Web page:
Quote of the Day
- Page 16
The Web is fascinating and transformative, but it's an easy, flashy, get-rich-quick option to the hard graft of proper industry.
My Web site, everything I write in there is from me.
Most larger companies now see that for the market to grow, Web infrastructure must be royalty-free.
I borrowed a creaky laptop from my husband, went into the web, and never came back.
Many company policies restrict use of E-mail, limit access to offensive Web sites and prohibit disclosure of confidential information. Few policies, if any, directly address personal Web pages.
To be clear, I worry as much about the impact of the Internet as anyone else. I worry about shortening attention spans, the physical cost of sedentary 'surfing' and the potential for coarsening discourse as millions of web pages compete for attention by appealing to our base instincts.
The accomplishment of open source is that it is the back end of the web, the invisible part, the part that you don't see as a user.
Organizations spend hundreds of hours and hundreds of thousands of dollars installing and implementing huge servers, new Web sites and applications. They have to continue to do that, but they also have to clean up the mess of the '90s.
I think it's really important for the independent web to have a platform, and to the extent that WordPress can serve that role, I think it's a great privilege and responsibility.
It seems like the web, particularly software as a service, provides ample opportunities for you to flourish economically, completely aligned with the broader open source community.
The power of the web is not in centralization; it's not in closed systems or anything like that. It's in its open nature, and that's what allowed it to flourish for the first 10 or 15 years.
There is no moderator or ombudsman online, and while the transparency of the web usually means that information is self-correcting, we still have to keep in mind the responsibility each of us carries when the power of the press is at our fingertips and in our pockets.
I'm in production year round. I work long hours. I have a dog and a wife. There's not a lot of available time for consuming any culture: T.V., movies, books. When I read, it's generally magazines, newspapers and web sites.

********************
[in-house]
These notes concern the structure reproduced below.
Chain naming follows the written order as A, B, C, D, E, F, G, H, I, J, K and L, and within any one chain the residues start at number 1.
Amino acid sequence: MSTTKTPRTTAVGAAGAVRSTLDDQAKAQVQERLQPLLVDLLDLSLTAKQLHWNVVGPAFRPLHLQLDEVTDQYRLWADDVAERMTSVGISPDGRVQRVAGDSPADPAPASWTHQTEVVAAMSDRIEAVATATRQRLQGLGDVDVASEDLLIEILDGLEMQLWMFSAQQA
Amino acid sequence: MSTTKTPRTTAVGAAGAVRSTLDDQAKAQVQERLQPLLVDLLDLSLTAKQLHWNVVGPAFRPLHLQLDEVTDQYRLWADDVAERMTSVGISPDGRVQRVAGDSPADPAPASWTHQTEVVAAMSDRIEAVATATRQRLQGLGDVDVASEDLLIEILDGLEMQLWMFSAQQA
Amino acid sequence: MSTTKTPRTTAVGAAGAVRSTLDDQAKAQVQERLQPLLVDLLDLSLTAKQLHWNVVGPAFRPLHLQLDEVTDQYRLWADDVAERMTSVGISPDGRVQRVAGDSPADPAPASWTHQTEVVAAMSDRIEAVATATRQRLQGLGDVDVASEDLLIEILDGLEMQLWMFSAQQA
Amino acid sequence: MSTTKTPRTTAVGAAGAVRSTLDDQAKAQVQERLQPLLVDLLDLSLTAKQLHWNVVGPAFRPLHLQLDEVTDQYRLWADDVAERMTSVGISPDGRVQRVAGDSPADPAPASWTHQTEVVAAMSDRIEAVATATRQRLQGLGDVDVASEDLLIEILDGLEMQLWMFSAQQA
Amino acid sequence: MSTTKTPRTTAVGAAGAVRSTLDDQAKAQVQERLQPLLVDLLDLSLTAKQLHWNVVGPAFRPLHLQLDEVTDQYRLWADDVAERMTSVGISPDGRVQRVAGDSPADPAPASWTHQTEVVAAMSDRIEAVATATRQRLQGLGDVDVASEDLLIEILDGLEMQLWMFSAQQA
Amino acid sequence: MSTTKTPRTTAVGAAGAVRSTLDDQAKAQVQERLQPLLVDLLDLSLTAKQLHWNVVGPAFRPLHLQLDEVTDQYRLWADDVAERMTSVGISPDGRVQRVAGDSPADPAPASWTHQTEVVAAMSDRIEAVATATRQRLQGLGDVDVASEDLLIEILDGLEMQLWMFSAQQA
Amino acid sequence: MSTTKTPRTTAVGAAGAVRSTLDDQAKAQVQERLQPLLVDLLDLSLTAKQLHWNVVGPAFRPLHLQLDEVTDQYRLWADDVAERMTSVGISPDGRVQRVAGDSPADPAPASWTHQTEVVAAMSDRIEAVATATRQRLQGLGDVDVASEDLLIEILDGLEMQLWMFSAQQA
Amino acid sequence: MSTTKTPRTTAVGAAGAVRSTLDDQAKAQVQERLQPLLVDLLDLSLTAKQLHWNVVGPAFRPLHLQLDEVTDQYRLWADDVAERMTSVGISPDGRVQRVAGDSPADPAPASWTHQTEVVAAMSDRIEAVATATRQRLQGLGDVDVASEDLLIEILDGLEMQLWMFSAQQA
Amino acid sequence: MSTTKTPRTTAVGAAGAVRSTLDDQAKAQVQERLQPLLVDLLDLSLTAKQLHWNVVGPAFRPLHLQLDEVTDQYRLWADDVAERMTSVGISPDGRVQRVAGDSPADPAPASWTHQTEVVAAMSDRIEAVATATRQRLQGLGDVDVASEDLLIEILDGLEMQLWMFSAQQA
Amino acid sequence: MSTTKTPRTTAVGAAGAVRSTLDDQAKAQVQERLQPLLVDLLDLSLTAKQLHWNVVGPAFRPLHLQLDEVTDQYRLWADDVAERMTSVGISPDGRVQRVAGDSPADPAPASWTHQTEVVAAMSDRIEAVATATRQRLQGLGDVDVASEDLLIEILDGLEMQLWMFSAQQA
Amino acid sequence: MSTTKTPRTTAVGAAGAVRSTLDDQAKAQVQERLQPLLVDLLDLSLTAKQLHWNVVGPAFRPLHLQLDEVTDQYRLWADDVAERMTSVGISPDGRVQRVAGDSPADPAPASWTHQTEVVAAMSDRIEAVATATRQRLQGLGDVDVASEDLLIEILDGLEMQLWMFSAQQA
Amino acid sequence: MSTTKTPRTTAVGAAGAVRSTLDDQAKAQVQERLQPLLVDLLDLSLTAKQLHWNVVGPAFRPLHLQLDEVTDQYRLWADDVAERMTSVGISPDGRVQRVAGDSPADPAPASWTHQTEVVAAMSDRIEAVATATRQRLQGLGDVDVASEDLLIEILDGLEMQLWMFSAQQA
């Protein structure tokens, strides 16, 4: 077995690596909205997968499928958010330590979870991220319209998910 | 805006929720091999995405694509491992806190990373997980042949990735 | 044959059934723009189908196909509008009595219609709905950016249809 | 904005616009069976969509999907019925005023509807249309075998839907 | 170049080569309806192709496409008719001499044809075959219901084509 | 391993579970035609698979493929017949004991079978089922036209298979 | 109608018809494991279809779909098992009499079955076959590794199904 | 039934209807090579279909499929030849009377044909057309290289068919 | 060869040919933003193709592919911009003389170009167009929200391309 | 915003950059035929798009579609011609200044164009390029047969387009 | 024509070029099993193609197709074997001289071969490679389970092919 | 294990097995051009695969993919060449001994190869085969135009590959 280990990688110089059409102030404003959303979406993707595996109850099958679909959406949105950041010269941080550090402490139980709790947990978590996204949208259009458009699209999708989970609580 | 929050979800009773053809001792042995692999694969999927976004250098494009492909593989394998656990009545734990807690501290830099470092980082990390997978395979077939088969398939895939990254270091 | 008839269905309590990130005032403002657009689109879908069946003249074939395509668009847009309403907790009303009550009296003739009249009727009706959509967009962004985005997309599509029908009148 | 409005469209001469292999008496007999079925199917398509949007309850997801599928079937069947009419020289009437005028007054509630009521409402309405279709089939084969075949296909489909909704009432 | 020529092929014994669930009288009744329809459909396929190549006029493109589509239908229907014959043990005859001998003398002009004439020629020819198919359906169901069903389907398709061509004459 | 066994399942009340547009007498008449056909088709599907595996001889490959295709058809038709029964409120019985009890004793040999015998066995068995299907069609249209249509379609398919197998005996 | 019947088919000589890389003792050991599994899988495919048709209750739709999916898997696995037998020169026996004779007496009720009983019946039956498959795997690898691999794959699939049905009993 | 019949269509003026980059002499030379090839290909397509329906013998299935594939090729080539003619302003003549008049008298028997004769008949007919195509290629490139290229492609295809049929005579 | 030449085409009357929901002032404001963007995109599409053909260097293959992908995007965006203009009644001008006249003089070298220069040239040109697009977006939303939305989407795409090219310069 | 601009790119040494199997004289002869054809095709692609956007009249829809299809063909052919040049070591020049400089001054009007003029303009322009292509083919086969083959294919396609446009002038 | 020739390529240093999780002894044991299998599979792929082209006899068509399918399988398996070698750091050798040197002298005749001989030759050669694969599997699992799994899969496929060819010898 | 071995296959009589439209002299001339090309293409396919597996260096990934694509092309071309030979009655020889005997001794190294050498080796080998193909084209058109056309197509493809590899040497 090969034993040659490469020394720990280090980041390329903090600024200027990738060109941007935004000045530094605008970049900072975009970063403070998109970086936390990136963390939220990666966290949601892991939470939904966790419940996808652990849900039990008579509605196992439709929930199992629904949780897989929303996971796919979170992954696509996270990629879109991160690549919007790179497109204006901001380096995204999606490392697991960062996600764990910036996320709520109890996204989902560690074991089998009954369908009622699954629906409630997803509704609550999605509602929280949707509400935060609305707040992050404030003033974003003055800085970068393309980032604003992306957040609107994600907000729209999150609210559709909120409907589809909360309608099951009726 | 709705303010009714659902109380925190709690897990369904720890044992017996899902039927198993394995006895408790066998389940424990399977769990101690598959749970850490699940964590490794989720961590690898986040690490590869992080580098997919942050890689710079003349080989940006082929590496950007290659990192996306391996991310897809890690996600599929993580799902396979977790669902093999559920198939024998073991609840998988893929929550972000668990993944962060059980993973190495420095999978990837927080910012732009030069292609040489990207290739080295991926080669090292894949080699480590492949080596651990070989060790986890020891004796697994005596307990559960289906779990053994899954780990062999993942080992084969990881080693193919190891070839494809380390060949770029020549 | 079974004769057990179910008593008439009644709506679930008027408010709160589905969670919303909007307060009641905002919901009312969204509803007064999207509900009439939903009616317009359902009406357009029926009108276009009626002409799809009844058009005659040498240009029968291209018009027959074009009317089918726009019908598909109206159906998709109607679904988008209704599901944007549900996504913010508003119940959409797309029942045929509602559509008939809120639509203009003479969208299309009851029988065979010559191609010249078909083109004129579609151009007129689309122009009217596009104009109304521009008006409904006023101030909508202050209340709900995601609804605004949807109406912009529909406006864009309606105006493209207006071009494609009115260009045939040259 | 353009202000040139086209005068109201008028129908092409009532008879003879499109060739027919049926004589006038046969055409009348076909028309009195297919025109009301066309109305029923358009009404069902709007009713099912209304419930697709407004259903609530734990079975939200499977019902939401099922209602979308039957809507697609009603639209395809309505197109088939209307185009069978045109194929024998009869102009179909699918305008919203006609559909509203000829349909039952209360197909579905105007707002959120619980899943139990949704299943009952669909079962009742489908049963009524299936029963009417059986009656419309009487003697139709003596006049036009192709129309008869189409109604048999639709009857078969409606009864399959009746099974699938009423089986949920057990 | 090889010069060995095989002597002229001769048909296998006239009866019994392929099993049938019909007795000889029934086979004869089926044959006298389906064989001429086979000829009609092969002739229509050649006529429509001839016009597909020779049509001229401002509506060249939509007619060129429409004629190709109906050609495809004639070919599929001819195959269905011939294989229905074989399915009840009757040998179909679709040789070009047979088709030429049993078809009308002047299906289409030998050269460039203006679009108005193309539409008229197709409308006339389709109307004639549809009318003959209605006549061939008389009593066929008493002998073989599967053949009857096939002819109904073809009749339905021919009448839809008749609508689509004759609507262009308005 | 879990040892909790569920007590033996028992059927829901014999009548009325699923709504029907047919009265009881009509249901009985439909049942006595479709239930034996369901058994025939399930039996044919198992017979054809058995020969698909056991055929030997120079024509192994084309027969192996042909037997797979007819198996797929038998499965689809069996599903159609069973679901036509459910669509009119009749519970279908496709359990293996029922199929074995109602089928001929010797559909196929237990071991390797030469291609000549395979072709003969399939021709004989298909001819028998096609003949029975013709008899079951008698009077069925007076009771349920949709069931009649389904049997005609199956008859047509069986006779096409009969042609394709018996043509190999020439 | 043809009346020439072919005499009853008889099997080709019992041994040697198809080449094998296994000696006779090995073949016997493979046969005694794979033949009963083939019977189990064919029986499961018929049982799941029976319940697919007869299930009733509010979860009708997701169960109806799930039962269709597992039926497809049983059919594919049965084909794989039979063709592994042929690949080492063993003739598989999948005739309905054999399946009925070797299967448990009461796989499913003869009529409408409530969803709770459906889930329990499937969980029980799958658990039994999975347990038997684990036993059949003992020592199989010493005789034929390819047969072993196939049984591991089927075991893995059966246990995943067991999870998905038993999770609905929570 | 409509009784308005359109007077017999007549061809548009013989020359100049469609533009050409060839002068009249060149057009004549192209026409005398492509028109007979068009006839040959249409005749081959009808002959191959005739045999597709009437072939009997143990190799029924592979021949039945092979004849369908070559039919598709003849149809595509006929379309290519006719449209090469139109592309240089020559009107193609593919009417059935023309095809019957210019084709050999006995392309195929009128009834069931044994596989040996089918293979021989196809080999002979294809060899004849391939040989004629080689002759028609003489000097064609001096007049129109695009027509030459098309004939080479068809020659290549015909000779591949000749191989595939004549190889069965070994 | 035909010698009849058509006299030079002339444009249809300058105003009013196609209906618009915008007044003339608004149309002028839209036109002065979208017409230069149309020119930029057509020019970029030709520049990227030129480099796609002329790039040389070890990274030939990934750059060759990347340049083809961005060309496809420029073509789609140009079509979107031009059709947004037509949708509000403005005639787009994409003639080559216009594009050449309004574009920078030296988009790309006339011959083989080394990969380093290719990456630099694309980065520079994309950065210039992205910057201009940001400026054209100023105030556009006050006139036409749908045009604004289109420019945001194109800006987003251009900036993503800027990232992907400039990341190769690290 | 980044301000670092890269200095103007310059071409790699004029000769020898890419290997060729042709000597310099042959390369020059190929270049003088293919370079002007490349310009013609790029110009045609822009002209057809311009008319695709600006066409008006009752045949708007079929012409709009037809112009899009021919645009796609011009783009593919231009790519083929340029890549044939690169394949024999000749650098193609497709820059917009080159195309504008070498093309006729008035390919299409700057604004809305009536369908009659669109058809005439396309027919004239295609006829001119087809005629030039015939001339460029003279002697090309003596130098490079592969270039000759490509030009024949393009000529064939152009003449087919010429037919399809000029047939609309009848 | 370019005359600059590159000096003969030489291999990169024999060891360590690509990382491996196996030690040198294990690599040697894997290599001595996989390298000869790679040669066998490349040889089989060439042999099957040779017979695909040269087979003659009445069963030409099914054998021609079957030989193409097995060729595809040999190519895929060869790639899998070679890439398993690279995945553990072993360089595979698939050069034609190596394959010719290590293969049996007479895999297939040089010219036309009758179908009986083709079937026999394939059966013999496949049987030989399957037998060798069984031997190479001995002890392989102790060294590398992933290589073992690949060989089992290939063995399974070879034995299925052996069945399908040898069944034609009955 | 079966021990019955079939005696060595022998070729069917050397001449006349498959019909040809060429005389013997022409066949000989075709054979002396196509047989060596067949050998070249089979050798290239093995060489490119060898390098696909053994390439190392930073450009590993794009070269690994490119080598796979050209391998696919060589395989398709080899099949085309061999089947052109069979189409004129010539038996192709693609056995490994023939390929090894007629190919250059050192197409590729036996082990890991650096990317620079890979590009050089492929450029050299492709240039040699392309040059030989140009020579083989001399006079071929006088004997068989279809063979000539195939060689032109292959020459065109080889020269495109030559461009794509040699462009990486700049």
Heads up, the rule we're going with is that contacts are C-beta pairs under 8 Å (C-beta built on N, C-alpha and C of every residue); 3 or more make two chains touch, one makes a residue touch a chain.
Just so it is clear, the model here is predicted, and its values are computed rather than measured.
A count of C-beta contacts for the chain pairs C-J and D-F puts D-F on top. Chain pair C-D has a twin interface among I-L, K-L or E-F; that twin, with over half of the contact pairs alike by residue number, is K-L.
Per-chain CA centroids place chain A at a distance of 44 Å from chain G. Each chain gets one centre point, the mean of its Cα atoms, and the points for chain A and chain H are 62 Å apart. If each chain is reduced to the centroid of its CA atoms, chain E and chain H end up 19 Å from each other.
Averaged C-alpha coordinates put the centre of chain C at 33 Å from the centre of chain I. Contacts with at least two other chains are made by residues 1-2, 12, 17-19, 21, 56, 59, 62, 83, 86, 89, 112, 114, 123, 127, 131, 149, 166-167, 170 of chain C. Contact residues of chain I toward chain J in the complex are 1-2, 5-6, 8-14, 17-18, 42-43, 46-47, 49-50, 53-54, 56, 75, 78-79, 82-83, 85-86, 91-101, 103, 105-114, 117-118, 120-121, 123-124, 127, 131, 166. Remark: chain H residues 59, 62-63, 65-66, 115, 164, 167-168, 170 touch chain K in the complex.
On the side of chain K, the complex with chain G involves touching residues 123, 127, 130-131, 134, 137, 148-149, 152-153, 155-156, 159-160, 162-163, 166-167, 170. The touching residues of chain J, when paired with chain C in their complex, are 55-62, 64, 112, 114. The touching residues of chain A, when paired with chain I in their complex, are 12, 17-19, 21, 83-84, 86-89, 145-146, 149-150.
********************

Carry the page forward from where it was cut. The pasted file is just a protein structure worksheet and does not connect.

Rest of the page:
The Web or card experience is not at all going to replicate the book experience, nor is the book experience going to replicate the Web.
I was always very curious about what a scientist's life was like when I was young. Of course, when I was young, you didn't have very many opportunities to find out with no web, TV. I was very lucky: I was born in the city of Chicago and went to the University of Chicago where I actually saw things.
James D. Watson
Crackdowns on Internet content make clear the need for an anonymized Web. Now, someone just needs to implement it.
Comedy lives on in the web and TV, but nobody's pressing comedy albums anymore.
My Twitter feed is probably my biggest resource of news. Other people scour the web so I do not have to, and I thank them for it.
The best thing about the Web is the sound of all the individual voices rising.
On the Web, we can be whoever we wish to be, editing the face we show to others in ways that aren't possible in physical space. We can also fine-tune the complexity and depth of our interactions and relationships.
Sustaining an audience with a web series is an impossible task.
Even many of the teenagers who feel confident on navigating the web simply don't have the skills needed to 'write and create' digital tools, not simply consume them.
The other day I was reading a blog and I linked over to Streisand's Web site, and it was amazing politically. She's so insightful and incisive. And she also says whatever she wants.
As much as I love scores of wonderful sites across the web, most of them are driven by the daily grind of the display/pageview hamster wheel. They create 20, 30, 40 'content snacks' a day, and I miss far more than I consume.
'Dependent web' platforms such as Twitter, Facebook, Google and Yahoo are where people go to discover and share new content. Independent sites are the millions of blogs, community and service sites where passionate individuals 'hang out' with like-minded folks. This is where shared content is often created.
John F. Kennedy
Martin Luther King, Jr.
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